ACLU of Indiana celebrates courts decision to strike down Syrian ban

In this photo from Friday, Sept. 2, 2016, Syrian refugee Fatema, left, sits beside her sleeping 5-year-old son Ayham at the Integrated Refugee & Immigrant Services in New Haven, Conn. The family was diverted to Connecticut last year after Indiana Gov. Mike Pence said they were not welcome in that state. (AP Photo/Pat Eaton-Robb)
In this photo from Friday, Sept. 2, 2016, Syrian refugee Fatema, left, sits beside her sleeping 5-year-old son Ayham at the Integrated Refugee & Immigrant Services in New Haven, Conn. The family was diverted to Connecticut last year after Indiana Gov. Mike Pence said they were not welcome in that state. (AP Photo/Pat Eaton-Robb)

INDIANAPOLIS (WISH/WLFI) – The ACLU of Indiana will hold a press conference in celebration of the 7th Circuit Court of Appeals decision to strike down Gov. Mike Pence’s administration to ban Syrian refugees from resettling in Indiana.

A lawsuit was filed in November 2015 by Exodus Refugee Immigration, the American Civil Liberties Union of Indiana and ACLU national saying the actions of the ban discriminated against Syrian refugees on the basis of national origin, violating both equal protection and civil rights laws and intrude on authority that is exclusively federal.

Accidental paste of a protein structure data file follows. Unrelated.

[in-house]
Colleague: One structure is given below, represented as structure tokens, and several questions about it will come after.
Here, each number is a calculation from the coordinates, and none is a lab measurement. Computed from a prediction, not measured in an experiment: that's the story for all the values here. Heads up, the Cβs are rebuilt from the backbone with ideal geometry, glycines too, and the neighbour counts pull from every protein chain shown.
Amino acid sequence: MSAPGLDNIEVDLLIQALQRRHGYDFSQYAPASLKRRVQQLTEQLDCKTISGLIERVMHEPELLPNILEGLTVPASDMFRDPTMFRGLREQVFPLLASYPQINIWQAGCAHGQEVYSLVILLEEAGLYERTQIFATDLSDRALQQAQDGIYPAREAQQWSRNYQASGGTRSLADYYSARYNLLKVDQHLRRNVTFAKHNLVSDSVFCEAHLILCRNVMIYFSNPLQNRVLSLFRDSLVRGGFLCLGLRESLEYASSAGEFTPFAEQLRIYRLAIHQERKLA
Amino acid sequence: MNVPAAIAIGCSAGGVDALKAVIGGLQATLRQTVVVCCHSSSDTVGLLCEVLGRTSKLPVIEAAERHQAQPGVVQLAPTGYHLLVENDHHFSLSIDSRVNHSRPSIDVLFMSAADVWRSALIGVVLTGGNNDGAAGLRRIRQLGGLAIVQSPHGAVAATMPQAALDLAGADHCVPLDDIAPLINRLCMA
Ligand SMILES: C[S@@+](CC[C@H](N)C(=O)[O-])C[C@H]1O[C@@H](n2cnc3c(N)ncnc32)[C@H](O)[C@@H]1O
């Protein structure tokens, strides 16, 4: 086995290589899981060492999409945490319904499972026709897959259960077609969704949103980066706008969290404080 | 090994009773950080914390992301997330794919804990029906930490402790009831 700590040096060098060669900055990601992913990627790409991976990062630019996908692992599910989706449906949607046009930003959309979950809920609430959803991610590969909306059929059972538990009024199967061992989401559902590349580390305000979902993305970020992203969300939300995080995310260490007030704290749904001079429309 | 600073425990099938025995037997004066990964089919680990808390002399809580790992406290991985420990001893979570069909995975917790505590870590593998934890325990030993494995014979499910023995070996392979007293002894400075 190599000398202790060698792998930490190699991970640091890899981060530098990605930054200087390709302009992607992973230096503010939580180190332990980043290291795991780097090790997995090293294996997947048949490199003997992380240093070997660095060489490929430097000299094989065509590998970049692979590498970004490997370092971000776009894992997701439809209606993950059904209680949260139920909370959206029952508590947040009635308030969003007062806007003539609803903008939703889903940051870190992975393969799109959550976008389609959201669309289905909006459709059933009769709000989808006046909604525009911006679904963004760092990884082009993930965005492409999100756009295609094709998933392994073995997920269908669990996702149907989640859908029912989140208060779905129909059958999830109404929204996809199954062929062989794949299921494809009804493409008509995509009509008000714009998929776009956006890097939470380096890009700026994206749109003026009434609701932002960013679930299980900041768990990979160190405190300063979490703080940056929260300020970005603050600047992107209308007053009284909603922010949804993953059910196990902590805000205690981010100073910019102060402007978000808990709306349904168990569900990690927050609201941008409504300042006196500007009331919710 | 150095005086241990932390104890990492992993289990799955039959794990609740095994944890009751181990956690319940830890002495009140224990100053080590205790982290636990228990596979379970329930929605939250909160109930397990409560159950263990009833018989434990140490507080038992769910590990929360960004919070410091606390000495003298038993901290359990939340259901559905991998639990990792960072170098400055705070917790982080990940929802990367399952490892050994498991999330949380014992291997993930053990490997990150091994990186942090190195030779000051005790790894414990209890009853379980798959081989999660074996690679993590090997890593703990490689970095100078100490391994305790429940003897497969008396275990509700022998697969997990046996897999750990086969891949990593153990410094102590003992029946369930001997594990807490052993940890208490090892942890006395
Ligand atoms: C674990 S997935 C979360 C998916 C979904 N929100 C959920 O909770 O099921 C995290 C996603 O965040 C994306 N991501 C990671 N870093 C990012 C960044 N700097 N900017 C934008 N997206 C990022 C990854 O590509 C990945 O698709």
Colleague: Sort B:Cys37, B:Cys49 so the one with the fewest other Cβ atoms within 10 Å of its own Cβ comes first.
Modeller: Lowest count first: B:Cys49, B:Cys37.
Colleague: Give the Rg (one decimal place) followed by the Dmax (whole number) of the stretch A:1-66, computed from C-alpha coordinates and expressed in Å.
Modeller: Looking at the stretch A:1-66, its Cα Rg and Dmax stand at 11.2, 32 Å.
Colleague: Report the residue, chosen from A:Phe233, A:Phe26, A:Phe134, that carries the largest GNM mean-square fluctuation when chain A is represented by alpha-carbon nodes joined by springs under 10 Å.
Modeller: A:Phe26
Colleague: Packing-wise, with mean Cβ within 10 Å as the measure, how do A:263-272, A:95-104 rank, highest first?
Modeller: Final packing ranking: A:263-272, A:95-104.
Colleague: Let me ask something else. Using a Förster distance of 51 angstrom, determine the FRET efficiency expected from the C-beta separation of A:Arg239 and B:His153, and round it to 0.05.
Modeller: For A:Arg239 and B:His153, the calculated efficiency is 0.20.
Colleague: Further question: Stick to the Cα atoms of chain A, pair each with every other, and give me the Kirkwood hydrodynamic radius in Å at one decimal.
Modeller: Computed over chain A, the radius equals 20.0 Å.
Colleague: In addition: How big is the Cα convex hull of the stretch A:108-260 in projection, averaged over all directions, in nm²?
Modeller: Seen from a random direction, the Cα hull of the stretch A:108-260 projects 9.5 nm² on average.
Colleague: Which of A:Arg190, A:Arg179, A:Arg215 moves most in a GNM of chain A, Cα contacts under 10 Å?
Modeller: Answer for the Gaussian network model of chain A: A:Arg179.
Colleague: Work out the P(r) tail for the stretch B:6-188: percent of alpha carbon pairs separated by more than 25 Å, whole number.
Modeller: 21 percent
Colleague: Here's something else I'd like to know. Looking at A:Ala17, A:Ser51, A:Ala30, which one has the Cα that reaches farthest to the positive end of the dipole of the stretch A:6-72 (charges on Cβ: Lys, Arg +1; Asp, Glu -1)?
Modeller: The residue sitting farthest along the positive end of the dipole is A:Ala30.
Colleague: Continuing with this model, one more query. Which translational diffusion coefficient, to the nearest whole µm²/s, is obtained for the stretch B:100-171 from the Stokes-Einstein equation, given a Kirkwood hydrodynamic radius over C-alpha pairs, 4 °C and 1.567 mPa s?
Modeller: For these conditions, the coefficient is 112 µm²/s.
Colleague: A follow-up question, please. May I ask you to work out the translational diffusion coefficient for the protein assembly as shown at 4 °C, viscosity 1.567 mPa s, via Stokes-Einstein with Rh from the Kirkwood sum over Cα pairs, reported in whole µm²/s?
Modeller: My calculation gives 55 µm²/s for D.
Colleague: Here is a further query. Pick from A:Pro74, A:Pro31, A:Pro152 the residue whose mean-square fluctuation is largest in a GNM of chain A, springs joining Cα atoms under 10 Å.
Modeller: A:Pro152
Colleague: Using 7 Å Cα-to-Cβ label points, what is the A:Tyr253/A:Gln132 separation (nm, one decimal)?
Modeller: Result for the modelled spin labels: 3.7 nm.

“The Court of Appeals’ decision underscores what we have said throughout this litigation,” said Ken Falk, legal director of the ACLU of Indiana. “Gov. Pence may not constitutionally or legally discriminate against a particular nationality of refugees that are extensively vetted by the federal government.”

Exodus Refugee Immigration – an Indiana-based group which has provided help to refugees and those immigrating to the U.S. – won a lower court battle with a preliminary injunction being granted against the Pence administration months ago after Pence directed state agencies to stop the cash flow of federal dollars.

The judges noted in their ruling that unless they affirmed the lower court’s injunction, Exodus might not receive the funds it needs to continue its work.

The court essentially found that the Pence administration could not legally withhold federal dollars from these agencies that helps those immigrating to the country.